Chronicle Launches 14th Annual 'Helping Neighbors' Campaign

By: Alan Pollock

Topics: Hunger

Jay Herzog and Christine Menard set up the pie station for Sunday's special food distribution. DEBRA DeCOSTA PHOTO

On Sunday, 450 local families queued up at the Family Pantry's headquarters in Harwich, and a satellite center in West Barnstable, to receive Thanksgiving dinners. Each left with a turkey and grocery bags filled with potatoes, vegetables, stuffing and a pie, courtesy of the Family Pantry and its donors.

Now that's something to be thankful for.

As we've done each Thanksgiving since 2004, The Cape Cod Chronicle is inviting its readers to join us in supporting the Family Pantry of Cape Cod as part of our Helping Neighbors campaign. Each week through New Year's, we'll be featuring stories about the Family Pantry, its clients and its amazing volunteers.

 This year has been a watershed one for the organization, which now allows clients to receive bags of groceries every two weeks, rather than the three-week limit they’ve used for years.  The result is a big increase in food distribution, more clients, and less food insecurity for local families.

“I live on less than $11,000 a year and I still don't qualify for SNAP,” one client said, referring to the federal nutrition program formerly known as Food Stamps. “I have to pay for everything. The Pantry makes it so I can eat.”

The Pantry gets many of the turkeys from the Greater Boston Food Bank, but the Chatham Wayside Inn donated 100 birds, and Cape Community Business Partners also gave 100. The rest came individually from private donors and small businesses. And while the Family Pantry will certainly brighten the holidays for its clients, its real work is in helping them survive day to day, season to season.

To that end, Cape Cod Chronicle Publisher Henry C. Hyora started this year's Helping Neighbors campaign with a $1,000 contribution.

“That's 4,000 meals right there,” Pantry Executive Director Christine Menard said. This year's Helping Neighbors goal is $60,000.

“Meeting that goal is well within our reach,” Hyora said. “If each of our readers contributed just $7.50, we'd have our $60,000.” And each year, Chronicle readers rise to that challenge. With help from an anonymous donor, last year's campaign reached its $60,000 target, and that generous donor went on to recruit other seasonal residents and visitors for our first-ever summertime Helping Neighbors effort. That campaign raised a stunning $149,595, far surpassing organizers' expectations. But now it’s time again for year-rounders to do their part during our holiday campaign.

Government officials say the living wage on Cape Cod is $26 an hour, but Menard said the number is misleading. The majority of Family Pantry clients – 63 percent – are working one job or more, but during the off season, the low wages and few hours available mean families can't make ends meet. Given the high cost of housing, health care and other essentials, $26 is simply insufficient, even though it's more than most hourly workers here earn.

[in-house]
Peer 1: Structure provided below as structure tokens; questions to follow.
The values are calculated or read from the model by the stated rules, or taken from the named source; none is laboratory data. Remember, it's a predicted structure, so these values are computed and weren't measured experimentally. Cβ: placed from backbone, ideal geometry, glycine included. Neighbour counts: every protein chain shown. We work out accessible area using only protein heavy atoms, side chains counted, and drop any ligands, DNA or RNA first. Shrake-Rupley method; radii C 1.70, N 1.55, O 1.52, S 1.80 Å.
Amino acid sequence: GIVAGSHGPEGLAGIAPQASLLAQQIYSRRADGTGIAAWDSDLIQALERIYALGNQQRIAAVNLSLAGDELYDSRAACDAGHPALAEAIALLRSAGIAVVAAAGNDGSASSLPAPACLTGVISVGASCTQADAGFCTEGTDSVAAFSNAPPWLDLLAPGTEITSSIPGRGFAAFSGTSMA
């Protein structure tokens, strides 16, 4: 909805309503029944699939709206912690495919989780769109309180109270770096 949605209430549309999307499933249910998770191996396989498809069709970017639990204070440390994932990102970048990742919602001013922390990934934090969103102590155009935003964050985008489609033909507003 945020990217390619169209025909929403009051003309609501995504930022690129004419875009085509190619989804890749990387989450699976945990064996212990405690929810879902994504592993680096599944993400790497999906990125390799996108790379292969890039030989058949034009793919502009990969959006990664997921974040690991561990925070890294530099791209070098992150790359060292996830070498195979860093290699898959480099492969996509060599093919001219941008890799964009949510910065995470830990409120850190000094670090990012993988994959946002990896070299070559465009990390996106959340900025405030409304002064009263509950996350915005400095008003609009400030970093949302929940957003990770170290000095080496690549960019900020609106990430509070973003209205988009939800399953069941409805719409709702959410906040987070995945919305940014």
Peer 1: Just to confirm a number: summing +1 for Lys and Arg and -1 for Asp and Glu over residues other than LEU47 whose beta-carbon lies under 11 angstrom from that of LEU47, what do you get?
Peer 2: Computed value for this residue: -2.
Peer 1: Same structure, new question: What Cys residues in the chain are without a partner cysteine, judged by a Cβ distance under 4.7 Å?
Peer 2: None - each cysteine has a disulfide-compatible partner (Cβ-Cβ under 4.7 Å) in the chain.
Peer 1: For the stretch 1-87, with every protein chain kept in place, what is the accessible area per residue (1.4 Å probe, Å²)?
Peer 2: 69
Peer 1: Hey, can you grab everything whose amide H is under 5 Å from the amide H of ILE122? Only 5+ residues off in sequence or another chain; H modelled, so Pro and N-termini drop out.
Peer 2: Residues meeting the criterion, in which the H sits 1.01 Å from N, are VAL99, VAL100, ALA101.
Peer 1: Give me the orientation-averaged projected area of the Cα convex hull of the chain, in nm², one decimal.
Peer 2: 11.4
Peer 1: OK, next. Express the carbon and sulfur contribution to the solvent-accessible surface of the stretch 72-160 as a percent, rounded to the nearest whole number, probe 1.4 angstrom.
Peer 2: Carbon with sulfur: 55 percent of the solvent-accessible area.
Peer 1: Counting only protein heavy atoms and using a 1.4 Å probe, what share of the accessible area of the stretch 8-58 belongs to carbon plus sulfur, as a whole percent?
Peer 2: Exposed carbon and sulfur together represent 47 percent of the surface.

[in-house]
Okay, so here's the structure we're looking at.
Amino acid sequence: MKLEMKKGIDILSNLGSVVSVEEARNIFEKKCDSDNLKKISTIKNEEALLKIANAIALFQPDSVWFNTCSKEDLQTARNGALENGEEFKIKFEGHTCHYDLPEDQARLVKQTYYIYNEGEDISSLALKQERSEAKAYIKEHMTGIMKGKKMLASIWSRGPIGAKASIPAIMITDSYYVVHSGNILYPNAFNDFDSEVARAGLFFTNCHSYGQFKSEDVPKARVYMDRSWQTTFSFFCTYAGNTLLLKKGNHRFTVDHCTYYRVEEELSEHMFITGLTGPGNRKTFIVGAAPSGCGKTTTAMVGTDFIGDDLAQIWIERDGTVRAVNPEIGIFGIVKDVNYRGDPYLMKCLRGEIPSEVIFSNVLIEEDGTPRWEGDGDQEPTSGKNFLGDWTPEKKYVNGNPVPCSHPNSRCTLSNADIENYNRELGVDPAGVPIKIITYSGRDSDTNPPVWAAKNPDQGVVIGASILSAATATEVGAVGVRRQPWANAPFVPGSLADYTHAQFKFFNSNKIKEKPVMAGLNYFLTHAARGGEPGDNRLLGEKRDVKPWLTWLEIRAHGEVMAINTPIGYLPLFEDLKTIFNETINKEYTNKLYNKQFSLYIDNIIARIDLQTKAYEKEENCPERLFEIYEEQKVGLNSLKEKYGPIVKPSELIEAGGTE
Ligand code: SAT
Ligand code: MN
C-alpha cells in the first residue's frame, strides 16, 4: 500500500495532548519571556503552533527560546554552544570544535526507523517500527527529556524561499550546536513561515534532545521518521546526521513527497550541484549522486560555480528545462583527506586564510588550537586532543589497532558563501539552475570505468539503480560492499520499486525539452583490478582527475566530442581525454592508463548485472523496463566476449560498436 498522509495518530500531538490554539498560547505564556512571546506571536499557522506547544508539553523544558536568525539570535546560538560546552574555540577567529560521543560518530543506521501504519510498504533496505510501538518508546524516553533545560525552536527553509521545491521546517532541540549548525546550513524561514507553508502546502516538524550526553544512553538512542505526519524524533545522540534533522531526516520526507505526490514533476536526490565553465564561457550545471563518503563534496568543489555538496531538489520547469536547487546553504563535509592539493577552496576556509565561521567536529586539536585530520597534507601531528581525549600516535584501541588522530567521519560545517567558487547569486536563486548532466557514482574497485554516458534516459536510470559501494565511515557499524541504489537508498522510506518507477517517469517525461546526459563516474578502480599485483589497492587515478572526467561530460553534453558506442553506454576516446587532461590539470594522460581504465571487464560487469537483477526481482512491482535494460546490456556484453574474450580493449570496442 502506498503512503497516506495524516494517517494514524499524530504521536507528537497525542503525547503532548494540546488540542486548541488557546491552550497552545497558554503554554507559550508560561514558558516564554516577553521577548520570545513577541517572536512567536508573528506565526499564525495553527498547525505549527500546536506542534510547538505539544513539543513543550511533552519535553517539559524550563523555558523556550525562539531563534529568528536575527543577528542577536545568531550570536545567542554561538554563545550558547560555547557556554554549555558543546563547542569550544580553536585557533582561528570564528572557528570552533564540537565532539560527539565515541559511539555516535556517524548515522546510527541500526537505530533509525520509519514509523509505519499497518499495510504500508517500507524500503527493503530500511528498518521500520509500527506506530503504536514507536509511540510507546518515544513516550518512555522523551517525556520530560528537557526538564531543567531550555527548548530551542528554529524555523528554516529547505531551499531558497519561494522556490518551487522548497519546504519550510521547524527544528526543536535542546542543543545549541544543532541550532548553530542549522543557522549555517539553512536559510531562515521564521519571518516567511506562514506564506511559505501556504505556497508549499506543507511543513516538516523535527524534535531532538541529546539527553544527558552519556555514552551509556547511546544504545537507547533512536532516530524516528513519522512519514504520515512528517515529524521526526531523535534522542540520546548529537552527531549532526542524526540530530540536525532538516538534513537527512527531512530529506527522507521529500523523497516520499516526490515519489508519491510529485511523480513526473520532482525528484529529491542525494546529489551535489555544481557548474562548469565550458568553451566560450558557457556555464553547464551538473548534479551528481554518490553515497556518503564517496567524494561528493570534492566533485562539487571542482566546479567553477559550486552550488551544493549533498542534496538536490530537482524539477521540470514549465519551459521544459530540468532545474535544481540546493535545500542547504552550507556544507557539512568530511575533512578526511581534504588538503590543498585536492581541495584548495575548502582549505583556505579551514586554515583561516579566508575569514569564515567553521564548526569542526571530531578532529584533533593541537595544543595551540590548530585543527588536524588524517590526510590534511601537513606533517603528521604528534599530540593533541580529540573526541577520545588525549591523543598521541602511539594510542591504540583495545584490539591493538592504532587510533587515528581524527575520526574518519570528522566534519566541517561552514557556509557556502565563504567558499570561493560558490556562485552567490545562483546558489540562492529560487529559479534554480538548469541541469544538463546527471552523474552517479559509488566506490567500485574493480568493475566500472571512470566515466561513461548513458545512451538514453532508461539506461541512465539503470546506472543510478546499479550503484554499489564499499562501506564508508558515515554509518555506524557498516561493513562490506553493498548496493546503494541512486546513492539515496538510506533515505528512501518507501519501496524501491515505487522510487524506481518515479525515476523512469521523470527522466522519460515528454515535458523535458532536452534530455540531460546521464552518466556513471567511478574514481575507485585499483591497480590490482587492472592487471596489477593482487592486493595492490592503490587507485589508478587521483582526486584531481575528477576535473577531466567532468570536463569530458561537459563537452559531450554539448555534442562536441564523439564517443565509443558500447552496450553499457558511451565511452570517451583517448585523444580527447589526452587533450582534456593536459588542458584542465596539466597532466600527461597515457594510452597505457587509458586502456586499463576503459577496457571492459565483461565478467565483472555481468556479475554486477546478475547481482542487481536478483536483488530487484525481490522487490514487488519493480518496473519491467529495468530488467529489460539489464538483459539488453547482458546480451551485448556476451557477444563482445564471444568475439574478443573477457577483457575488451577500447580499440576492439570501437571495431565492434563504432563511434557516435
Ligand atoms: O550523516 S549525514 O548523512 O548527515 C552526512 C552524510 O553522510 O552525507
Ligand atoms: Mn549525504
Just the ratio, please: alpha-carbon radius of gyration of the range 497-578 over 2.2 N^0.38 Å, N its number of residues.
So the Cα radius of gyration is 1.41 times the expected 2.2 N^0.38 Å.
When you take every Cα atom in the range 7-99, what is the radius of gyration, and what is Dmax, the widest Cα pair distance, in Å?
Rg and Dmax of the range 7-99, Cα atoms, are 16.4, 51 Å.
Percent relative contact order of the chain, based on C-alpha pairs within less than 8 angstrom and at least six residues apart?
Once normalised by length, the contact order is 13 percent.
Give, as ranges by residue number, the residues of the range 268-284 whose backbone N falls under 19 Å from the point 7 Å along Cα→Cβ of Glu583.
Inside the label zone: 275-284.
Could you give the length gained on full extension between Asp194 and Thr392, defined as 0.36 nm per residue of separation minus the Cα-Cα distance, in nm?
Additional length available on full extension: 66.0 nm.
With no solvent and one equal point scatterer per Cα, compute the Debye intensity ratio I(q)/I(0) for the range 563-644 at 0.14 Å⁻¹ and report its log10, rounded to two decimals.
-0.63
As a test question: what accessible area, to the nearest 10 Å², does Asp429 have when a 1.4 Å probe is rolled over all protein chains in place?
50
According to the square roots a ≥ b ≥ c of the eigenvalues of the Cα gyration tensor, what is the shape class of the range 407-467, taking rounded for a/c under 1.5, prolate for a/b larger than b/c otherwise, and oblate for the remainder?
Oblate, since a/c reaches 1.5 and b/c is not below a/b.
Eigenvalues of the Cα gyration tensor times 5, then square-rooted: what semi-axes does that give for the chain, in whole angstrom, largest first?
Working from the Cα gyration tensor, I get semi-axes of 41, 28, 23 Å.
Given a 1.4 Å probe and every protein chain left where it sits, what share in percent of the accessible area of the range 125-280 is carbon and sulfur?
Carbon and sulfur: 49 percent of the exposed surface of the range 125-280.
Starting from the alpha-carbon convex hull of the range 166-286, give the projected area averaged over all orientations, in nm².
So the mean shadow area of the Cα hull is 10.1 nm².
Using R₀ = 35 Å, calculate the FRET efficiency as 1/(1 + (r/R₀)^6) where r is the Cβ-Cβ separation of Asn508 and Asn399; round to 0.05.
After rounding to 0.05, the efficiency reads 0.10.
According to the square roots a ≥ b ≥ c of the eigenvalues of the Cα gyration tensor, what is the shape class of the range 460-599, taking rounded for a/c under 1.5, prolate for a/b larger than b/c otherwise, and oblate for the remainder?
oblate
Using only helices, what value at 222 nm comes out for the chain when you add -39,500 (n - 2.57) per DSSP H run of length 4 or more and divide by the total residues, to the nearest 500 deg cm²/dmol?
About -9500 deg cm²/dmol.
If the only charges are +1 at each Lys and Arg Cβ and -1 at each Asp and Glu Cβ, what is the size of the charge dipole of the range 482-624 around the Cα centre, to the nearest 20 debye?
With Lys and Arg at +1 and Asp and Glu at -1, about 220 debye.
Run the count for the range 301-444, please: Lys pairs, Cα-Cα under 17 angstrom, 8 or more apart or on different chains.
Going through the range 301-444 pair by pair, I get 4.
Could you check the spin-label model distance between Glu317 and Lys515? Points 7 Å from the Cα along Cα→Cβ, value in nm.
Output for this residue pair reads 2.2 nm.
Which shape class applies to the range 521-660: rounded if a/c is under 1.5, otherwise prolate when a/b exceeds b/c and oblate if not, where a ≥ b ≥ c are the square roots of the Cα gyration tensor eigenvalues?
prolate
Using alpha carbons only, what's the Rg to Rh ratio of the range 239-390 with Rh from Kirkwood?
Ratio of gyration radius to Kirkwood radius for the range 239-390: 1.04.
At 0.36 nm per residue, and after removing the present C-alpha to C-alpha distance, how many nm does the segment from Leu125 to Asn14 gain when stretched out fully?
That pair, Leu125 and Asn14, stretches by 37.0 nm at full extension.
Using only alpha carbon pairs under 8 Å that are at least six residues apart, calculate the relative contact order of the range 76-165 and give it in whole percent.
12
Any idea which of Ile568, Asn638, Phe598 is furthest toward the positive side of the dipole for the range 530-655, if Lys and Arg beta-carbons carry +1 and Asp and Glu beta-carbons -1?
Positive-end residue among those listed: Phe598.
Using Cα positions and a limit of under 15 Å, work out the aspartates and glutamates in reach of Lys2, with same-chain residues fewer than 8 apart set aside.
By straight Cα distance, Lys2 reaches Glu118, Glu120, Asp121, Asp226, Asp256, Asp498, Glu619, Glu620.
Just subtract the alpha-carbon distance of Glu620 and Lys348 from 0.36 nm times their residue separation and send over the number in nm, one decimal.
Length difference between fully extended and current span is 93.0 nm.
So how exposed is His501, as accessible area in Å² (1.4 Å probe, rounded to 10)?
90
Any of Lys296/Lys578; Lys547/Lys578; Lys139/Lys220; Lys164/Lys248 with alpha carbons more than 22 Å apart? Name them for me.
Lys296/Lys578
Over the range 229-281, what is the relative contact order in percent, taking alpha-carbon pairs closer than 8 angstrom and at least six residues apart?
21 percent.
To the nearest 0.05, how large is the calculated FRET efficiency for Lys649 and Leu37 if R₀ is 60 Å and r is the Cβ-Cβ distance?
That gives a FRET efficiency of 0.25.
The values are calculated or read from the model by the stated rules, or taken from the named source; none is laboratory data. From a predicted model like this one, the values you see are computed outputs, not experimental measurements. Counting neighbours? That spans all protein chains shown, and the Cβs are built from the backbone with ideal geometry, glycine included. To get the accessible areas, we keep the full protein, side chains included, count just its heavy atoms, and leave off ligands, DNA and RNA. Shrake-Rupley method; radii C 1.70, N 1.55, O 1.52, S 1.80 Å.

“Do the math,” Menard said. Making that amount, even working 40 hours a week, an individual grosses $54,000 a year. On Cape Cod, “you'd starve to death,” she said. By offering clients bags of groceries every two weeks instead of three, “you've literally taken that food bill off the plate,” she said. That means more money available for housing or other expenses.

“We make it possible for people to stay here,” she said.

Chronicle readers can contribute here. They can also send a tax-deductible donation to The Family Pantry, 133 Queen Anne Rd., Harwich, MA 02645 (please write ” Helping Neighbors ” in the memo line), or call 508-432-6519 to learn about other ways to help. The Chronicle will publish a list of donors each week.

Area businesses are also pitching in for the Family Pantry. A special Festival of Trees is being held in Harwich Port at White Flowers, and the Chatham Candy Manor is selling special canvas jersey T-shirts to benefit the Family Pantry. They are also selling gift boxes of select chocolates and donating half of the proceeds. Organic Market is matching customers' donations of $5 or $10 by donating organic food to the Pantry, and Local Color is holding wreath- and ornament-making workshops and donating the proceeds. Nauset Disposal is holding its annual “Curb Hunger” food drive, allowing customers to donate a bag of food to the Family Pantry by leaving it alongside their trash containers on their regular collection day.

There are other ways to help. Thanks to the generosity of the artists who painted them, the original artwork on the covers of The Cape Cod Chronicle’s two Christmas gift guides will be auctioned off to the highest bidder. All proceeds will be donated to The Family Pantry of Cape Cod.

The painting on the first gift guide, included in this edition, is titled “Christmas Eve,” by Liz Perry. It is a 20-by-14-inch framed mixed media work with gold leaf. The painting on the second gift guide cover, “Sledding in the Park,” was created by Pati DuVall. Both works can be viewed at The Chronicle's office at 60-C Munson Meeting Way, Chatham. To place a bid in the silent auction, email ChristmasAuction@CapeCodChronicle.com through Dec. 18. Bidders should write “Christmas Auction” in the subject line and include the bid amount, the piece they are bidding on, and their phone number. Updates on bids will be posted occasionally on our website, and the winning bid will be awarded Dec. 19.